Exciting, a few scares and moments when I jumped. Better than I thought, though it was another stretch when he wrestled with the lion.

From Odeon website ...

Baltasar Kormákur

Iyana Halley, Leah Jeffries, Idris Elba, Sharlto Copley

Sometimes the rustle in the bushes actually is a monster. Idris Elba (Fast & Furious Presents: Hobbs & Shaw, The Suicide Squad) stars in a pulse-pounding new thriller about a father and his two teenage daughters who find themselves hunted by a massive rogue lion intent on proving that the savannah has but one apex predator. Elba plays Dr. Nate Daniels, a recently widowed husband who returns to South Africa, where he first met his wife, on a long-planned trip with their daughters to a game reserve managed by Martin Battles (Sharlto Copley, Russian Doll series, Maleficent), an old family friend and wildlife biologist. But what begins as a journey of healing jolts into a fearsome fight for survival when a lion, a survivor of blood-thirsty poachers who now sees all humans as the enemy, begins stalking them. Iyana Halley (The Hate U Give, This is Us series) plays Daniels’ 18-year-old daughter, Meredith, and Leah Sava Jeffries (Rel series, Empire series) plays his 13-year-old, Norah. From visceral, experiential filmmaker Baltasar Kormákur, the director of Everest and Universal Pictures’ 2 Guns and Contraband, Beast is produced by Will Packer, the blockbuster producer of Girls Trip, the Ride Along franchise, and ten movies that have opened No. 1 at the U.S. box office, including Night School, No Good Deed and Think Like a Man, by James Lopez, president of Will Packer Productions, and by Baltasar Kormákur. The film is written by Ryan Engle (Rampage, Non-Stop) from an original story by Jaime Primak Sullivan and is executive produced by Jaime Primak Sullivan and Bernard Bellew.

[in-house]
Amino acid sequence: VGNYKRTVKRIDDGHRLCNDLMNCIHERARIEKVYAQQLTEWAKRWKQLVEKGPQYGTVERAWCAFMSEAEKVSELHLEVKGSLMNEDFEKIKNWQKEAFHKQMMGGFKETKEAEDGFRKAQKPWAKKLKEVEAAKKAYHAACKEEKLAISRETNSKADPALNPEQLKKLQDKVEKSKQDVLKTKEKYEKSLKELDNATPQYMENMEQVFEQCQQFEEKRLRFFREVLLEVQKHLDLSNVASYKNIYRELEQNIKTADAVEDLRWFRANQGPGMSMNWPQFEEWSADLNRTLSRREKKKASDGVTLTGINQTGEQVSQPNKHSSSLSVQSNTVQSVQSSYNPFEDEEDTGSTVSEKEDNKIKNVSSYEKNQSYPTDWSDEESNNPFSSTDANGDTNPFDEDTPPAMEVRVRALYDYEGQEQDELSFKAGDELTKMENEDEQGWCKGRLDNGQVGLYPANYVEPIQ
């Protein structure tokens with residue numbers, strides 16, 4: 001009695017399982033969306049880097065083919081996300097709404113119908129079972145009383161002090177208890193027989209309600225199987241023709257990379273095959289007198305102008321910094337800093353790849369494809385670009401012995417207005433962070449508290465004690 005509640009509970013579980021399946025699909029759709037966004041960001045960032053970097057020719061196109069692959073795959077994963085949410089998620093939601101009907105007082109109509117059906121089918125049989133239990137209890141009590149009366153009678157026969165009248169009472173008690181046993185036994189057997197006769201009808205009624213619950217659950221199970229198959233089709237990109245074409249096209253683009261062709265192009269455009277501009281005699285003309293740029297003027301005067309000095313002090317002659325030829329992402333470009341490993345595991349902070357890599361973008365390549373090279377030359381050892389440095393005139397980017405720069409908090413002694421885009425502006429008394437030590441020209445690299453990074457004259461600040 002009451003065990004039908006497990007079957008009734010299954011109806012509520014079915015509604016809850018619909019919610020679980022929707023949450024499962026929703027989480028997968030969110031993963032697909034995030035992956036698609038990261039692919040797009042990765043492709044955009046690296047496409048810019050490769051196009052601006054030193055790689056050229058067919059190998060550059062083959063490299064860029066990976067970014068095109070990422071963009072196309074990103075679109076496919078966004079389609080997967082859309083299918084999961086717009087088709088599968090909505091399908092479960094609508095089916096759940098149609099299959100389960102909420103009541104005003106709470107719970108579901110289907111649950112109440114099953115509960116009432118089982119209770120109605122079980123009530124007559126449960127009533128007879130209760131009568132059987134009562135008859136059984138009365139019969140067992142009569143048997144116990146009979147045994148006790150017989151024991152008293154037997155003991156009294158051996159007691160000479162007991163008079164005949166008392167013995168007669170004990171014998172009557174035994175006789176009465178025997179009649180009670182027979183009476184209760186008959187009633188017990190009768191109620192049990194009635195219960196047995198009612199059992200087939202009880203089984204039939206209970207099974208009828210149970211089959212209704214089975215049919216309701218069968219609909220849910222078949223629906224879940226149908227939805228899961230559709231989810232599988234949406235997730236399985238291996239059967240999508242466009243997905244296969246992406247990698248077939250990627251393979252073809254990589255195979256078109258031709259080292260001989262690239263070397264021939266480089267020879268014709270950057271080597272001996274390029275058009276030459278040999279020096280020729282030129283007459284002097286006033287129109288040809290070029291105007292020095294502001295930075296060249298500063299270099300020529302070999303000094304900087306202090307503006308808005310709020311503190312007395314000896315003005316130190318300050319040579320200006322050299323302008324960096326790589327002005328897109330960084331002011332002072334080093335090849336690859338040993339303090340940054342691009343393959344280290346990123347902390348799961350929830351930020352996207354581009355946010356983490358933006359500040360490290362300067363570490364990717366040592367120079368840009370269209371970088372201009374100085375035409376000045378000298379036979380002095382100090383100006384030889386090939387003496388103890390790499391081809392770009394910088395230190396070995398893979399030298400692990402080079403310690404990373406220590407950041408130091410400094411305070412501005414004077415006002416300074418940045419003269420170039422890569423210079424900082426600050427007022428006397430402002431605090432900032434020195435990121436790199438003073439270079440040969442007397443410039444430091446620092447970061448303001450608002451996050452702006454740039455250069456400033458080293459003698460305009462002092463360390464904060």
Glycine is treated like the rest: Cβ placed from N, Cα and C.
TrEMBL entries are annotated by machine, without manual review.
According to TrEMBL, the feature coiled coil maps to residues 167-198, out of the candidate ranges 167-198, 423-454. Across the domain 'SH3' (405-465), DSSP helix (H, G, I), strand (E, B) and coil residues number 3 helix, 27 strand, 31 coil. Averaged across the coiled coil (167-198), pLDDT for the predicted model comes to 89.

Fall (2022)

Tense, exciting, uncomfortable, scary. I was on edge throughout this. I'm not great with heights.
I need a medal just for watching it. Really good.